By Barutello V., Terracini S.

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**Example text**

The claim is certainly true for n = 0, in which case both sides of the equation are zero. Suppose that n ≥ 0 and ni=1 i = n(n + 1)/2. We are required to prove that n+1 i=1 i = (n + 1)(n + 2)/2. Now, n+1 n i = i=1 i + (n + 1) i=1 = n(n + 1)/2 + (n + 1) = (n + 1)(n + 2)/2, (by the induction hypothesis) as required. 8. n We are required to prove that for all n ≥ 1, i=1 1/2i = 1 − 1/2n . The claim is true for n = 1, since in this case both sides of the equation are equal to 1/2. Now suppose that n ≥ 1, and ni=1 1/2i = 1 − 1/2n .

Suppose f : IR → IR is continuous and monotonically increasing, and has the property that if f (x) ∈ ZZ, then x ∈ ZZ. Then, f ( x ) = f (x) and f ( x ) = f (x) . 248. 76 log n/ log log n, but this may not help you much. 7 SOLUTIONS 202. Suppose T (1) = 1, and for all n ≥ 2, T (n) = 3T (n − 1) + 2. If n is large enough, then by repeated substitution, T (n) = = = = = 3T (n − 1) + 2 (after one substitution) 3(3T (n − 2) + 2) + 2 9T (n − 2) + 2 · 3 + 2 (after two substitutions) 9(3T (n − 3) + 2) + 2 · 3 + 2 27T (n − 3) + 2 · 9 + 2 · 3 + 2 (after three substitutions).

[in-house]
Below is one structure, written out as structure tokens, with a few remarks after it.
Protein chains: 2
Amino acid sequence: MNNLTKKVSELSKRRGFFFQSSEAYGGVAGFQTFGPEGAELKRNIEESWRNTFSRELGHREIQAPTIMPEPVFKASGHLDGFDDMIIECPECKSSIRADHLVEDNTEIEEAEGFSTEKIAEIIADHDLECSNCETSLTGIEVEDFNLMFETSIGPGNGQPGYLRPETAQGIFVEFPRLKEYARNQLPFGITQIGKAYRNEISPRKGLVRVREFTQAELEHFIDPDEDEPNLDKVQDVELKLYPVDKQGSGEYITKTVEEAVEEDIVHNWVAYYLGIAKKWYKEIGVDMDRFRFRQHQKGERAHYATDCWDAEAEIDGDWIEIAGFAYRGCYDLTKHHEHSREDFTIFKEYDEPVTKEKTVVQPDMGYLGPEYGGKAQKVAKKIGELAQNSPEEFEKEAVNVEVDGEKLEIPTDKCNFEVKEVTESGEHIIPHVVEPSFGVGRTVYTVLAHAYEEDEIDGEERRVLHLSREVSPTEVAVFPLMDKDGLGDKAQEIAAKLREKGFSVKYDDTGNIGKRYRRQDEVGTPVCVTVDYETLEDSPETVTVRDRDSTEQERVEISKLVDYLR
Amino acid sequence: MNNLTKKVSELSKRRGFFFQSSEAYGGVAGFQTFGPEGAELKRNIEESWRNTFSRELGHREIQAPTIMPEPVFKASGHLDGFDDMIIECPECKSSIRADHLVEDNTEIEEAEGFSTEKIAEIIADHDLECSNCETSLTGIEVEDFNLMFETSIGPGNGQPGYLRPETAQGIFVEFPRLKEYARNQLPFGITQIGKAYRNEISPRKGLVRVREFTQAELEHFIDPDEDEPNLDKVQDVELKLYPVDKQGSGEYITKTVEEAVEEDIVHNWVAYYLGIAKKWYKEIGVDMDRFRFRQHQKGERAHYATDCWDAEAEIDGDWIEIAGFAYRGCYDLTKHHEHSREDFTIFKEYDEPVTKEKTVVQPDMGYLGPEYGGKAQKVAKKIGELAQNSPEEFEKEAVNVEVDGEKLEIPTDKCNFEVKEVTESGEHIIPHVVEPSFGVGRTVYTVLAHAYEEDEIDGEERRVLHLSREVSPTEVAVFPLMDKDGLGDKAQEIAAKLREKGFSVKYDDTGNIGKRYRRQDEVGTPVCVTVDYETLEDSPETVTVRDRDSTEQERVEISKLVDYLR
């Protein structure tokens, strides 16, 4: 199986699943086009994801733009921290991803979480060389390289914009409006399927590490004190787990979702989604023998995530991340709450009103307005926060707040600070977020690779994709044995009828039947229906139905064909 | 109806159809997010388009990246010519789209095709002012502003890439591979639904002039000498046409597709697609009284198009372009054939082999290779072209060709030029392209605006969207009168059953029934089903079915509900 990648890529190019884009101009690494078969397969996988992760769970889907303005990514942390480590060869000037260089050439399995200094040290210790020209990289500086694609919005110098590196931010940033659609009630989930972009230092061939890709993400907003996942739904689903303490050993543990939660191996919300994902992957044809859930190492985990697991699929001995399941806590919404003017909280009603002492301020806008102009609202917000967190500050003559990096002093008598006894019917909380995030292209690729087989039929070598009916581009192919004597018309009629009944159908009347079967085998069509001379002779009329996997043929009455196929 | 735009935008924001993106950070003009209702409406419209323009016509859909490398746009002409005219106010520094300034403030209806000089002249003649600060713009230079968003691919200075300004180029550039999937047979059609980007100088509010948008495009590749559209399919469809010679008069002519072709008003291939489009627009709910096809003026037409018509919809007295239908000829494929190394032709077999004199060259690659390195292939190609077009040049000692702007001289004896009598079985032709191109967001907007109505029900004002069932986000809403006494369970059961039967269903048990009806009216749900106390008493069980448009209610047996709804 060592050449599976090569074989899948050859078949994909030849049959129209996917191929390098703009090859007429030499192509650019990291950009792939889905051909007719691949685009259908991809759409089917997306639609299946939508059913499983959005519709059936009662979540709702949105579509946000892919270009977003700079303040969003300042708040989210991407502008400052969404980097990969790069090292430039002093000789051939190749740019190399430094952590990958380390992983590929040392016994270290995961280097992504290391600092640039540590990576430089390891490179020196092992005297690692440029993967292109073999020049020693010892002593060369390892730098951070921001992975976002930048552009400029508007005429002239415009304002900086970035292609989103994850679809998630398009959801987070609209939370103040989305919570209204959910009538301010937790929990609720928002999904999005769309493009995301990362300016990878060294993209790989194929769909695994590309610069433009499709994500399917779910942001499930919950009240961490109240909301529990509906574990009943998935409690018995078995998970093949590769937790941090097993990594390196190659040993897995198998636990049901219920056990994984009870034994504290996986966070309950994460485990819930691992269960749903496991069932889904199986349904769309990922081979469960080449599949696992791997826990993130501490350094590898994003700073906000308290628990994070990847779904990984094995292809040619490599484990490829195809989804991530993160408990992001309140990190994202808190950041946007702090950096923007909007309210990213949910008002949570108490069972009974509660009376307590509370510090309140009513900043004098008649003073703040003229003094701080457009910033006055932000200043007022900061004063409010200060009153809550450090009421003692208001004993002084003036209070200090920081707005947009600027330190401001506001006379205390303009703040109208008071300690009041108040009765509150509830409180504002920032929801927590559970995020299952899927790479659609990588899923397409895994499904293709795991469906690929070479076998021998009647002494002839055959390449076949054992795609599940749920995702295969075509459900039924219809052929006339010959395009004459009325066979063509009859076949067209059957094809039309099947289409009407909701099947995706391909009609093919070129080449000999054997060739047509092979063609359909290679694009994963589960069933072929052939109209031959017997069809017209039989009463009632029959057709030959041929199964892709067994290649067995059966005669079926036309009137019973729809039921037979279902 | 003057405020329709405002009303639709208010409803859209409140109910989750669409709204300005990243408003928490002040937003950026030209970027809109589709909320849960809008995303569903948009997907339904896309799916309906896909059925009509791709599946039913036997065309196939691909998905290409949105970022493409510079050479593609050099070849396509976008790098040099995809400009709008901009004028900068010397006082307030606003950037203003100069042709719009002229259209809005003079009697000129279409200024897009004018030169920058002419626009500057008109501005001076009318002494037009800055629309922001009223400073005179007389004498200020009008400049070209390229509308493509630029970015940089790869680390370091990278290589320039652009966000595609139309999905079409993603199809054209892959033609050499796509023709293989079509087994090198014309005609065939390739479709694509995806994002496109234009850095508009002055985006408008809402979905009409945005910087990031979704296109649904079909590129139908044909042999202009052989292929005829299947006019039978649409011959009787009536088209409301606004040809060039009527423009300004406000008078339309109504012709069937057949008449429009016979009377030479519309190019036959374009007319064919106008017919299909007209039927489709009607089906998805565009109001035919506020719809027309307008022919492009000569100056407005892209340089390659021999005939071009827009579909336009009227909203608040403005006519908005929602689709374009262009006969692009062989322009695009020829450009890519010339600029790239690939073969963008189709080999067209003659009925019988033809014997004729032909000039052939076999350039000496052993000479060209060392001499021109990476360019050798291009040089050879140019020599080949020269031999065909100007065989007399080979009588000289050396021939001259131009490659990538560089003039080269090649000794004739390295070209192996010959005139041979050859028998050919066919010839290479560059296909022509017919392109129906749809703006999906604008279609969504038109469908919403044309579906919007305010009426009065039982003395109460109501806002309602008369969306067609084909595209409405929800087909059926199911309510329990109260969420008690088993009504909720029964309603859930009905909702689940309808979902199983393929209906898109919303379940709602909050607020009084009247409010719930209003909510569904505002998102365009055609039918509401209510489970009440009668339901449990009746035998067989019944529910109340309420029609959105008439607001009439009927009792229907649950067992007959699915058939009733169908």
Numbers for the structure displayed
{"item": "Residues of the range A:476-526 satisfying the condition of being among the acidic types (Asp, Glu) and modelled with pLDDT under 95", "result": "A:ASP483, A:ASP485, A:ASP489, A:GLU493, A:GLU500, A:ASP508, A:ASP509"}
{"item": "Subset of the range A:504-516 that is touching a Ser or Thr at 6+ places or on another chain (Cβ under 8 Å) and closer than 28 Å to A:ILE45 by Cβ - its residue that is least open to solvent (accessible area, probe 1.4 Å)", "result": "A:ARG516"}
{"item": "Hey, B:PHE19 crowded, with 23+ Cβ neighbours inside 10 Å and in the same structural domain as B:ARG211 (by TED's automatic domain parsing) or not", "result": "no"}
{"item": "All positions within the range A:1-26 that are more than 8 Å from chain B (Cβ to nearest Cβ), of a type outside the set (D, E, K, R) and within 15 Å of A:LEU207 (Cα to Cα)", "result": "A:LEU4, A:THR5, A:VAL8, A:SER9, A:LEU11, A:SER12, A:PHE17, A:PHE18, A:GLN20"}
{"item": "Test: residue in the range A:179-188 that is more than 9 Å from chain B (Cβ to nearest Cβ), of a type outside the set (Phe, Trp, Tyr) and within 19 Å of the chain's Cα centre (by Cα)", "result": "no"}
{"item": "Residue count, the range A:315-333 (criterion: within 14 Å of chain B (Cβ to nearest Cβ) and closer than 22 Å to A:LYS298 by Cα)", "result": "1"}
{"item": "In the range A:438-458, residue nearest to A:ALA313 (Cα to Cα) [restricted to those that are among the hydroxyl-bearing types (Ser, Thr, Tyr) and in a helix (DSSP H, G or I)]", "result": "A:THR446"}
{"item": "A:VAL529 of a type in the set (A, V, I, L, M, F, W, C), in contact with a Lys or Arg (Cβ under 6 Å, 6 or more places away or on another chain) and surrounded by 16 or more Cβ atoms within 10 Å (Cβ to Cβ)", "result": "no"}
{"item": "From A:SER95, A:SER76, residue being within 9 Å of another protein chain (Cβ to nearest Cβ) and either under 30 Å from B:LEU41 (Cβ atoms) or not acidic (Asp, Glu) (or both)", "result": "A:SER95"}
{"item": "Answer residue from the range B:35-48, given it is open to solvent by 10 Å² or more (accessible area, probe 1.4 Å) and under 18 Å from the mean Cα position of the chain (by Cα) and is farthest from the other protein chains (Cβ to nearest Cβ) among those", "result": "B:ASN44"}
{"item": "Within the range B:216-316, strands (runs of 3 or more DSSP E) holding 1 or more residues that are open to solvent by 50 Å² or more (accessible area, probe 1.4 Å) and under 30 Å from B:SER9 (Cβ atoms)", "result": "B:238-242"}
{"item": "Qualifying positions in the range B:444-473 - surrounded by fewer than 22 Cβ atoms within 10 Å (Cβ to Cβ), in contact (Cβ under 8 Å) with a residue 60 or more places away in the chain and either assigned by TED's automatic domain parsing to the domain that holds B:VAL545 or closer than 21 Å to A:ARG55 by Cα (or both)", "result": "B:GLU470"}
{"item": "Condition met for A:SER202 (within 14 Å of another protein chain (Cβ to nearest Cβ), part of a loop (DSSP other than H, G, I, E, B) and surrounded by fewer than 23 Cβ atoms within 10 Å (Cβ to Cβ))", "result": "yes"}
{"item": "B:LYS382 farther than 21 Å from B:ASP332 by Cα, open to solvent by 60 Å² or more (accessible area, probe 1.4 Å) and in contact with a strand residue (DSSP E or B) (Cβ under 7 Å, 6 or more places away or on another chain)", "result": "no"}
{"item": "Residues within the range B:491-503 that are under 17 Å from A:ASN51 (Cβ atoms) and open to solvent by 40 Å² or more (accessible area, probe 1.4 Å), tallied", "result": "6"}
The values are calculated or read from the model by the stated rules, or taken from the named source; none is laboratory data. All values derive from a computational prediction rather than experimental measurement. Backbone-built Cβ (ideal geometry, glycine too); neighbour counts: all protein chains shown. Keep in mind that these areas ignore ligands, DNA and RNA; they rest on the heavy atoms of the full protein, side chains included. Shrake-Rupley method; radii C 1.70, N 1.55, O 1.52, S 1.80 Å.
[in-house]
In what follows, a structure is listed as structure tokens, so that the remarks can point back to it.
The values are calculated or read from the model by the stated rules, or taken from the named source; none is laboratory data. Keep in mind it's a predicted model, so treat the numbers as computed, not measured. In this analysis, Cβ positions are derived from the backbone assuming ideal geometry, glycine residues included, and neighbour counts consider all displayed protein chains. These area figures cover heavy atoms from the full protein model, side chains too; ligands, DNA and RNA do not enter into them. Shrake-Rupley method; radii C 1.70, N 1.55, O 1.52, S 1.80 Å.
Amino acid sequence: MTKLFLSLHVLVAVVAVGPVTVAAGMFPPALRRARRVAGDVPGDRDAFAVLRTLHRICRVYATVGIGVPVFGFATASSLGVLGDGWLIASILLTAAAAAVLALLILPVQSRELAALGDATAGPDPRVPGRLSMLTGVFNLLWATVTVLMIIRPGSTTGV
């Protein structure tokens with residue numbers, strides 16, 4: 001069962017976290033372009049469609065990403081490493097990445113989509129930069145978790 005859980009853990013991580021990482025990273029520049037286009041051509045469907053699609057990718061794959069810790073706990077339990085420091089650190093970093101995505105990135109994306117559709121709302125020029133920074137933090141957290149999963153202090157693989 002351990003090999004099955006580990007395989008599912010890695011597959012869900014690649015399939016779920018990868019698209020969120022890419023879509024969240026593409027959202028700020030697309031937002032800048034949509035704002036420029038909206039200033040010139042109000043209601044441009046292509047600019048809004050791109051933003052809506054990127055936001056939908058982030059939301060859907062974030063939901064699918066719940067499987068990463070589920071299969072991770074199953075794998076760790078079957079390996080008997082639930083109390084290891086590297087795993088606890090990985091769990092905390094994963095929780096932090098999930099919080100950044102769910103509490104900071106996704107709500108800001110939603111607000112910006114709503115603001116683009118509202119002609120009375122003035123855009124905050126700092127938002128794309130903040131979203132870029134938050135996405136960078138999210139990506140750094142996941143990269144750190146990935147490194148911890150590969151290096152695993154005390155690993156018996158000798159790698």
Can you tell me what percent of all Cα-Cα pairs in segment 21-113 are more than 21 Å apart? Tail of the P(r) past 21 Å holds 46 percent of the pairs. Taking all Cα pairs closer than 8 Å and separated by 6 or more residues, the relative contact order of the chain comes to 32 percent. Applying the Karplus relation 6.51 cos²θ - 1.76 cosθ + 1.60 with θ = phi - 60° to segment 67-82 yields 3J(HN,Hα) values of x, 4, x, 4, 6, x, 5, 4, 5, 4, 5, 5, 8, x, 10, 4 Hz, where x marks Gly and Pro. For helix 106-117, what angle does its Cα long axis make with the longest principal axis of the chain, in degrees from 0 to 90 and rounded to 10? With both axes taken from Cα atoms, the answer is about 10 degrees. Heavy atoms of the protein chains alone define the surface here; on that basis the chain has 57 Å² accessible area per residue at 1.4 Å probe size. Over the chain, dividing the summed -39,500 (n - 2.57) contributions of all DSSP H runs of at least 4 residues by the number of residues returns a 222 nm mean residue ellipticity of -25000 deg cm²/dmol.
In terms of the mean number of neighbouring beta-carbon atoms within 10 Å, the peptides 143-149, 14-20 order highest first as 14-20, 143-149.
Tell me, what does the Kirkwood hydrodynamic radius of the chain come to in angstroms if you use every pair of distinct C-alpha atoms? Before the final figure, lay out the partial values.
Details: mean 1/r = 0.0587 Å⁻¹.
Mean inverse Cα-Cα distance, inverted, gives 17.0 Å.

Function max(x, y) comment Return largest of x and y. if x ≥ y then return(x) else return(y) 54 275. Chap. 5. n] is correct. 1. 2. 3 276. Fibonacci Numbers Prove that the following algorithm for computing Fibonacci numbers is correct. function ﬁb(n) comment Return Fn , the nth Fibonacci number. if n ≤ 1 then return(n) else return(ﬁb(n − 1)+ﬁb(n − 2)) 1. 2. 277. n]. if n ≤ 1 then return(A[1]) else return(sum(n − 1) + A[n]) Prove that the following algorithm for computing Fibonacci numbers is correct.